Even professionals don’t always offer support

Client Imogen had complete hair loss
Client Imogen had complete hair loss before getting our Freewear System.

Women even hesitate to take the problem to a salon for professional advice. There is that icy fear of seeing a horrified reaction, or of hearing nothing can be done about it. Analysis by trained professionals of such a deeply personal problem needs to be empathetically and kindly delivered, and at times, depending on who they are or what they are privately struggling with, that is not available. All these variables make most women extremely cautious about taking anyone into their confidence.

As for getting romantic and your other half wanting to run their fingers through your hair – well, perish the thought.

It is actually quite astonishing that something that can affect so many women at some stage of our lives is still considered so shameful and embarrassing.

However, while we may not be able to reverse hair loss with medicines, nutrition or therapies – yet – there is hope.

Solutions – and a sympathetic ear

Modern medical hairdressing solutions such as the extensive suite of treatments offered by the Lucinda Ellery Consultancy, each individually and carefully tailored to the person in the salon chair, are a lifeline for women dealing with all forms of hair loss challenges.

Every single woman who visits any one of the Consultancy salons found across the UK and the USA will receive warm and supportive care. You will receive expert advice on a personalised hair system that can be cut and coloured in any way to suit you and your lifestyle. You will be shown how to look after and maintain and manage your beautiful new hair. Ongoing aftercare support is also available to all who desire it.

Science has some catching up to do in the field of hair loss but, with the help of Lucinda Ellery, you can feel and look good again with the appearance of a naturally healthy full head of hair.

Your beautiful new hair will lift you back up mentally and physically. The true, unquantifiable benefit of being thus restored in your own eyes, however – and in those of the people who matter – is the return to being the best version of you that you really are.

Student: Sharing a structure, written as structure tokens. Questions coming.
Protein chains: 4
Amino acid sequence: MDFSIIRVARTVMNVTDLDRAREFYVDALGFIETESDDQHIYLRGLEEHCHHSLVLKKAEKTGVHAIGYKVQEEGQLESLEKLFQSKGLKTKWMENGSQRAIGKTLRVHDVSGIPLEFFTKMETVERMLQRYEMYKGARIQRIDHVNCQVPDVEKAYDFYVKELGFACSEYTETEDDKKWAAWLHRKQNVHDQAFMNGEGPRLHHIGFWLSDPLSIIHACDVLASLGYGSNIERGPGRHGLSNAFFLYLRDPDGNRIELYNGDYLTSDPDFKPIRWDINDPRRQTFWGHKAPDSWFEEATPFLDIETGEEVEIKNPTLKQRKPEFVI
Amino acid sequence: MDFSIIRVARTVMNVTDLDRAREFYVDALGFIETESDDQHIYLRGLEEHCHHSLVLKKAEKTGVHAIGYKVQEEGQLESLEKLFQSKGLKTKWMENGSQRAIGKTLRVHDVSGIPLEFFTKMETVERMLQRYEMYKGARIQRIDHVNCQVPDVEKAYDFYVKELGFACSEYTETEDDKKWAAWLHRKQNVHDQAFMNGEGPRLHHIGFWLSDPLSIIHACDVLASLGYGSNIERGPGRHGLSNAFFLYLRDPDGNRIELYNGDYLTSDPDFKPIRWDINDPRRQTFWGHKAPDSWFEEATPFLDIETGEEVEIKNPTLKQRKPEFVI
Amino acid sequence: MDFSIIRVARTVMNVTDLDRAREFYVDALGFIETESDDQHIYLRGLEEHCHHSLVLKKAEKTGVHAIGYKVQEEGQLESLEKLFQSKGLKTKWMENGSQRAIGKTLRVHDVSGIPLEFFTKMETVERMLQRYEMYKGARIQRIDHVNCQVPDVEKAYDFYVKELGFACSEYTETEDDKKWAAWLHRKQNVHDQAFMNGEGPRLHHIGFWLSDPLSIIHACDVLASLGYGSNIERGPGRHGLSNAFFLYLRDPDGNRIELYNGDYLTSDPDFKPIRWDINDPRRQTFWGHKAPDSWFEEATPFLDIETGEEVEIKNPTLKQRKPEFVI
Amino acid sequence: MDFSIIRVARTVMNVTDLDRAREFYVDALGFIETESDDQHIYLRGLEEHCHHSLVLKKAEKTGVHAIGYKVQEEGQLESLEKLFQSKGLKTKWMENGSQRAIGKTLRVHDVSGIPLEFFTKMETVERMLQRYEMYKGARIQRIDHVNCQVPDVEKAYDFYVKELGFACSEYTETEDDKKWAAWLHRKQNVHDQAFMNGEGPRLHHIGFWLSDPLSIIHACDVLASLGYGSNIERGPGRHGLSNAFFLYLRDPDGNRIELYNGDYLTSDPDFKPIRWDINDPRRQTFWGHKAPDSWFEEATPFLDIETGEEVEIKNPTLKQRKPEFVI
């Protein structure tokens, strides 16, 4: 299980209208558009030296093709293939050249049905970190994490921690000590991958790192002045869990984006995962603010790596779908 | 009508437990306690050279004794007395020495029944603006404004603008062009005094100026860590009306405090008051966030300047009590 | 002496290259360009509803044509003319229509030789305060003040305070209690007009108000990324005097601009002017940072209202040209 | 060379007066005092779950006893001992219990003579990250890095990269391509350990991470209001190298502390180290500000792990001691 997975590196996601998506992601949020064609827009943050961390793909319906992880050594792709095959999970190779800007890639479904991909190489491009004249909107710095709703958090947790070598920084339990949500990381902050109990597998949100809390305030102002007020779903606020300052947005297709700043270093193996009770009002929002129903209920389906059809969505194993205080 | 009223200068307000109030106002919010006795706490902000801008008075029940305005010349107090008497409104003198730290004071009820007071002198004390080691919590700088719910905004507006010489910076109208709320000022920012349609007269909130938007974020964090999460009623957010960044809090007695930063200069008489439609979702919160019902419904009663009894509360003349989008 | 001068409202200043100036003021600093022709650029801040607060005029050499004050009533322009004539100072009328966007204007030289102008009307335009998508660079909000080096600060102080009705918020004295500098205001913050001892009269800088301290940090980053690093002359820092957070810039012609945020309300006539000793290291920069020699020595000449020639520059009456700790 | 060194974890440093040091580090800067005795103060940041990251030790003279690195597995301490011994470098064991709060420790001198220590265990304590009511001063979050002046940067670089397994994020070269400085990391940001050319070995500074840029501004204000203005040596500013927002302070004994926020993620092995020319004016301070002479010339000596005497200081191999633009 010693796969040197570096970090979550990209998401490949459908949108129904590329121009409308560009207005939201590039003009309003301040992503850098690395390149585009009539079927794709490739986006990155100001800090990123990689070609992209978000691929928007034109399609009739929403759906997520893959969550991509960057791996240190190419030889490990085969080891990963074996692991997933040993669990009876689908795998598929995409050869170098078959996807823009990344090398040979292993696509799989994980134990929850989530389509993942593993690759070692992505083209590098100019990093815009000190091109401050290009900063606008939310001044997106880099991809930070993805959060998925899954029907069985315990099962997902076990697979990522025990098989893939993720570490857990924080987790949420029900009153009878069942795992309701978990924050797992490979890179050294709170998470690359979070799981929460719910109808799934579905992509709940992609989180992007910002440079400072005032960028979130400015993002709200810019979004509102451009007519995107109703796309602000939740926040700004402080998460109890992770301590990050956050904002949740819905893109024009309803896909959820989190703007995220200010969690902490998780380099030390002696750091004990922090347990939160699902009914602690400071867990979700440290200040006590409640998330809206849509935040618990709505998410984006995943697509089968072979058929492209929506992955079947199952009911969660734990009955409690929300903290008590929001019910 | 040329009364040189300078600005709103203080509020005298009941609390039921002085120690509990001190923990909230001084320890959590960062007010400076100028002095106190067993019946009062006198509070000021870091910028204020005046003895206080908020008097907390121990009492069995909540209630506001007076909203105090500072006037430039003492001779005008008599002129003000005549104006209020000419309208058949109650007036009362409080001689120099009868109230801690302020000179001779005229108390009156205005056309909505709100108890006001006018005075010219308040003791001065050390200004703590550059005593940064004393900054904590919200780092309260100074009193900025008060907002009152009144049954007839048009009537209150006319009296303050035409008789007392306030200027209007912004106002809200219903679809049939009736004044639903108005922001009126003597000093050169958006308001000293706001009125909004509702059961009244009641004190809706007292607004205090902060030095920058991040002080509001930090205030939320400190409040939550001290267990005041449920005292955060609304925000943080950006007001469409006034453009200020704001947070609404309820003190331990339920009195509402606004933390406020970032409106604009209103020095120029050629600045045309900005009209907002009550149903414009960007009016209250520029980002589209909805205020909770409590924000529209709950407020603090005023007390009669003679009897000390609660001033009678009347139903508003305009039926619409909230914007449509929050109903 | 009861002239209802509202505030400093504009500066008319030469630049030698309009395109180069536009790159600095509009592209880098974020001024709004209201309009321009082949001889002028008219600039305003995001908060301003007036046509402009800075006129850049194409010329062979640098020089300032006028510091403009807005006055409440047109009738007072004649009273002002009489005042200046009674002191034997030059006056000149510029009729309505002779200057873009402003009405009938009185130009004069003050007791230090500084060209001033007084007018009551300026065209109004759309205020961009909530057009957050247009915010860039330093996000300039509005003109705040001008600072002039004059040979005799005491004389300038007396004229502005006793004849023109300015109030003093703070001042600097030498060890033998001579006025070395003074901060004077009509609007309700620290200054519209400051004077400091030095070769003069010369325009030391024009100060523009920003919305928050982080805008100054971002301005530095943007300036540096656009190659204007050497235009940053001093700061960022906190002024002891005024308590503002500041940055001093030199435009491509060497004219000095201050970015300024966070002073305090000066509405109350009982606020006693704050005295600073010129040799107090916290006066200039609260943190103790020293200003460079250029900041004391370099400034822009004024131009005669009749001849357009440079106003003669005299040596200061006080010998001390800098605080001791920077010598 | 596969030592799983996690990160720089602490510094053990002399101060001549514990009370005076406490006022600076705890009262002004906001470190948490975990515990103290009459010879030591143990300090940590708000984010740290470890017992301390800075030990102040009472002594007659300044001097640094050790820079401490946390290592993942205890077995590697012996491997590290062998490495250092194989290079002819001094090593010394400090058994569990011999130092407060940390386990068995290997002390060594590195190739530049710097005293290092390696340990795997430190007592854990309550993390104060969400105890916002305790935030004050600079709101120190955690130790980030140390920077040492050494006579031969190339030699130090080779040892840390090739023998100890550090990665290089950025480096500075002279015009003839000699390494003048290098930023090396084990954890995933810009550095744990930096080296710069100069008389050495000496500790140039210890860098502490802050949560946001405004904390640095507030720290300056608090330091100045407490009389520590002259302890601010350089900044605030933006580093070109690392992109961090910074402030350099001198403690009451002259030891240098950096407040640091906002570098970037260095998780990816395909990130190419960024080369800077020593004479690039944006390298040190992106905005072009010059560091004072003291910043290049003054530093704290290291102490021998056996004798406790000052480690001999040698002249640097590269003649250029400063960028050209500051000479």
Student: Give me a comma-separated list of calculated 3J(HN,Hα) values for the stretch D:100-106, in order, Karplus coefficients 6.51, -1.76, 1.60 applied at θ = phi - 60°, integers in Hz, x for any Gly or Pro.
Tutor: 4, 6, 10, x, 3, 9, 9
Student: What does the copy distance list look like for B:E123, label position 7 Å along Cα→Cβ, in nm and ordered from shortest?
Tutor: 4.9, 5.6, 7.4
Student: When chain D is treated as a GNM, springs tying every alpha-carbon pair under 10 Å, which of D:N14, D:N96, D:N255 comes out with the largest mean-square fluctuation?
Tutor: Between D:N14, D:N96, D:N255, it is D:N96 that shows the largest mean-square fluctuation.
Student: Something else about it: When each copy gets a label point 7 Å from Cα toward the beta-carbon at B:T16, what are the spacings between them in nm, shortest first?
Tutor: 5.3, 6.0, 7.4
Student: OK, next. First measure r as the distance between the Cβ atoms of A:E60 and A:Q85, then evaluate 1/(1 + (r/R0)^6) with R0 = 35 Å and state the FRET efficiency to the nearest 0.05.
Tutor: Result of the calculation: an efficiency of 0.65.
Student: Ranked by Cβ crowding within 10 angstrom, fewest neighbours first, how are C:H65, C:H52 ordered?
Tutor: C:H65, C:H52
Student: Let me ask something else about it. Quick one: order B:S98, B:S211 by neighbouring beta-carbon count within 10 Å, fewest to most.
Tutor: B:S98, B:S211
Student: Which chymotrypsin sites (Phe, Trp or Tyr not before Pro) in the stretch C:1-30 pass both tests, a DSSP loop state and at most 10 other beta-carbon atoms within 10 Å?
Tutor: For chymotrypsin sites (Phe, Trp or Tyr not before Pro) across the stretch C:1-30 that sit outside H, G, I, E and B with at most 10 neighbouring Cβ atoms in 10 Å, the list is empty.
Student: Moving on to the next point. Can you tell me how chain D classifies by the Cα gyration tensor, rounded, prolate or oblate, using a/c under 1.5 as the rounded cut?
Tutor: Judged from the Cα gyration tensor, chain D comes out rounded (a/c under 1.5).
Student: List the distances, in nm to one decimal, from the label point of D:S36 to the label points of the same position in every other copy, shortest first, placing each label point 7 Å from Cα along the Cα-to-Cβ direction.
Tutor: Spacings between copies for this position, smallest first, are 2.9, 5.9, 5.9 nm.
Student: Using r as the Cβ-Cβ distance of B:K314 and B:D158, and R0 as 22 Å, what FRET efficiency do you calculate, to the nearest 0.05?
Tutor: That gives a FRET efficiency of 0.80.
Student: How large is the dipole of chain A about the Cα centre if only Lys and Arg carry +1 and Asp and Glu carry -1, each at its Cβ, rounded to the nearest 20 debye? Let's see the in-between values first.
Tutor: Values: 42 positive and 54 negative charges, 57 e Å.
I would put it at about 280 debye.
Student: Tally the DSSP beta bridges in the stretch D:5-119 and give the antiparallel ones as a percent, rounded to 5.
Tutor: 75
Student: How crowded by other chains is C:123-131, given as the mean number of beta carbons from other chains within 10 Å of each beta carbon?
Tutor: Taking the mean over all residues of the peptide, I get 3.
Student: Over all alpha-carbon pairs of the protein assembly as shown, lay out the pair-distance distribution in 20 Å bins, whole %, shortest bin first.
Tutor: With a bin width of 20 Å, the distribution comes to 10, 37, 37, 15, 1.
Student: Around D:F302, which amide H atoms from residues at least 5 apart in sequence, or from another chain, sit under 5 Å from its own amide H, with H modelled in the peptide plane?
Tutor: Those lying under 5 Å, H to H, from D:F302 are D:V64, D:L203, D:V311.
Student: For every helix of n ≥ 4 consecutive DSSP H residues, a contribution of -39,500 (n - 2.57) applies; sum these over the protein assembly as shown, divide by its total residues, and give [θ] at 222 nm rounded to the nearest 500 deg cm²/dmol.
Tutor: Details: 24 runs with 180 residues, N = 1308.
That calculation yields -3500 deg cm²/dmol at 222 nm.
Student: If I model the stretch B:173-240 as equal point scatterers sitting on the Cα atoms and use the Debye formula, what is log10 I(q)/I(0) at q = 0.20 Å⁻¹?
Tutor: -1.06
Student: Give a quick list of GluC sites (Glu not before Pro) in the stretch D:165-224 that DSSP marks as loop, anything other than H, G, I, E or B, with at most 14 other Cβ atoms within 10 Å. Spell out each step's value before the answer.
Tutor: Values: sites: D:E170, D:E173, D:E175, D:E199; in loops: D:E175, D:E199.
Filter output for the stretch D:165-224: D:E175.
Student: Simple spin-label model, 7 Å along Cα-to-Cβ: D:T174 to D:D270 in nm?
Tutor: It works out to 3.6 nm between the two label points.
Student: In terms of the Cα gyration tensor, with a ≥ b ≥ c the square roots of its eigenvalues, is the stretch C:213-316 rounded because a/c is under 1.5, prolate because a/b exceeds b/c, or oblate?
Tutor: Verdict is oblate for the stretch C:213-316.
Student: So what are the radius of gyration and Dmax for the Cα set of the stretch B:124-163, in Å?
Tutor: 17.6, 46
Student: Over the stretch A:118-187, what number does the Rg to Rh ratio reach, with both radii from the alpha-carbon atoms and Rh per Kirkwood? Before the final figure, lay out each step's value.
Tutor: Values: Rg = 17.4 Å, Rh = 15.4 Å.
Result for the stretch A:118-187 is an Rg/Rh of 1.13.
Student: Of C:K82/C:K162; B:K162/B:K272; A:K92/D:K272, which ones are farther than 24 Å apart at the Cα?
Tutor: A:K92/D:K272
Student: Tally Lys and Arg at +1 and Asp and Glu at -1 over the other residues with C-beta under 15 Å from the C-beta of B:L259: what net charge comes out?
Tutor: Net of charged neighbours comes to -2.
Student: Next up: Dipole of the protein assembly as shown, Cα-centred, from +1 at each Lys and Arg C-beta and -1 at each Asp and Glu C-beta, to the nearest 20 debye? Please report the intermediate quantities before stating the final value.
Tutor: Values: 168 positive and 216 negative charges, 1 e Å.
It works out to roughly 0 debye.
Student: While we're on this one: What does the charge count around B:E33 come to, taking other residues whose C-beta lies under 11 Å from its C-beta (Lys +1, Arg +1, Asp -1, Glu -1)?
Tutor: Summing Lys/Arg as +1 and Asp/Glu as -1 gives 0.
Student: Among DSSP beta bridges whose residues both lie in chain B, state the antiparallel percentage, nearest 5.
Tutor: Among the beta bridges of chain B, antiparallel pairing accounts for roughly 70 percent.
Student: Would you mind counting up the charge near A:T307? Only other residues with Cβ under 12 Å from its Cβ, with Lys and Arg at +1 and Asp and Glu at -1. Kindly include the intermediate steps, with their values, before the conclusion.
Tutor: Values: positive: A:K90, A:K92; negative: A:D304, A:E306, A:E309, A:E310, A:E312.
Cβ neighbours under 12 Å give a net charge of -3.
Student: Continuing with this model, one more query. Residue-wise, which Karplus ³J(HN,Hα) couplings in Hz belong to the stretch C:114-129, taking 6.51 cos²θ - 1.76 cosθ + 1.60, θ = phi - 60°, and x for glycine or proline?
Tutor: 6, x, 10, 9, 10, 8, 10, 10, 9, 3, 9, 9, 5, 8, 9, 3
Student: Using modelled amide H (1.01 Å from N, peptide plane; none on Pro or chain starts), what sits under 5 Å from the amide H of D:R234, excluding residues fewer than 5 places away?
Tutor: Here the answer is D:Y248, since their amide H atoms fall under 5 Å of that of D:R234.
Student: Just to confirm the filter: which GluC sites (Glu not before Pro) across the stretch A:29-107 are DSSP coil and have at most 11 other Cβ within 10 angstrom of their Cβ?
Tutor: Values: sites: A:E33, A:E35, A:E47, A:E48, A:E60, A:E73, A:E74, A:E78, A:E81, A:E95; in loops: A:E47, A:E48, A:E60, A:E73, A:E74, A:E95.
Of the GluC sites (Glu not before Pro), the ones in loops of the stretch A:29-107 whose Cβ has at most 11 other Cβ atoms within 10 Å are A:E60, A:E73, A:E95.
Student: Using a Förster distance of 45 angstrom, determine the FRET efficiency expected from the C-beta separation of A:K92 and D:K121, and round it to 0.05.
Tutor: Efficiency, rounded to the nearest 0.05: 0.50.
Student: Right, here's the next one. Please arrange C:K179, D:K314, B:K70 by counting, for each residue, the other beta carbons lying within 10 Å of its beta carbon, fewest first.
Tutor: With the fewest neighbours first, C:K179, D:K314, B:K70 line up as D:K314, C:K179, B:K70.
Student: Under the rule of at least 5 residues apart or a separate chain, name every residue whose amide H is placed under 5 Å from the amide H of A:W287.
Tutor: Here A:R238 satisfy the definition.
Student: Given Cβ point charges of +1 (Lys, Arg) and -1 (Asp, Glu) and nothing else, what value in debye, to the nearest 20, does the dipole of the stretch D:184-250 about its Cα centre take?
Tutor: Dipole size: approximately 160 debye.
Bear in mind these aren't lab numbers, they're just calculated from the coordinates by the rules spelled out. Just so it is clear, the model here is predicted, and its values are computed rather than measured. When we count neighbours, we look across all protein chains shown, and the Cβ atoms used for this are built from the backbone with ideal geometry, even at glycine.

– – – – –

If you’d like to speak to us about hair loss issues then please either call us or fill in one of our contact forms:

New York:    212-359-1641contact form

Los Angeles:    310-288-0788contact form


The problem of hair loss due to alopecia has recently been highlighted by the rather ill-judged joke told at the Oscar ceremonies which was followed by Will Smith’s slap of the comedian who he felt told it against Smith’s wife, Jada Pinkett Smith, who suffers from it.

There are a number of different types of alopecia and this article explains what they are and the differences between them.

Alopecia areata

This is one of the most commonly reported types of hair loss, referring to bald patches or spots on the scalp. It is considered to be an auto-immune disorder and can be very unpredictable – sometimes the hair grows back – but it can recur without warning or fresh patches appear in different places. More information and examples of our approach to disguising it.

Alopecia totalis

Sarah showing alopecia totalisThis is hair loss affecting the whole of the head, including eyelashes and eyebrows. It is a more advanced stage of alopecia areata, which progresses to totalis and universalis in around 1 – 2 per cent of cases.

Alopecia universalis

This term relates to hair loss all over the body, meaning that the entire epidermis is free from hair. It is the most severe form of alopecia areata, and as such is quite rare, occurring only in around 1 in 100,000 people.

Androgenetic Alopecia

Known as Pattern Hair Loss there are male and female versions. The male pattern normally recedes from the front or the temples, whereas the female patttern is much more diffuse – thinnning over the head in general. More information on FPHL.

Frontal Fibrosing Alopecia

Melanie showing the effects of FFAAlso known as Scarring Alopecia or Cicatricial Alopecia, it was only identified as recently as 1994. As with the related condition Lichen Planopilaris this type of hair loss is permanent due to the scar tissue generated by the inflammation that causes it.  The hair follicles are destroyed and cannot grow back. It is characterised by a receding of the hairline at the front and sides of the scalp. More information on FFA.

Traction Alopecia

This is where hair falls out due to physical stress on the follicles – usually caused by overly-tight hair styles such as a severe ponytail, or by badly-fitted and/or too heavy extensions.

There are No Cures

While there are various creams and lotions which can help some of these conditions there are no cures, and most of the treatments have side-effects or are only suitable for men. Such treatments should only be used under medical advice and we do not offer them.

However we can disguise female hair loss very effectively with a variety of hair systems which we have developed and pioneered over the last four decades. These include the Intralace System and ultra-fine extensions called Medi Connections.

If you’d like to explore those otions then come and talk to us and we can asses the best approach for you. In the US we have studios at

9022 Burton Way
Beverly Hills
Tel: 310-288-0788
Inquiry form


Suite 607, 37 East 28th Street
New York City
Tel: 212-359-1641
Inquiry form

while if you are in the UK we have studios in London, Manchester, Edinburgh, Midlands (Solihull), Bristol, and Southampton. You can contact us there via our UK website.

Deciding on the best solution for your hair loss is a very personal process which can depend on a number of factors, for instance: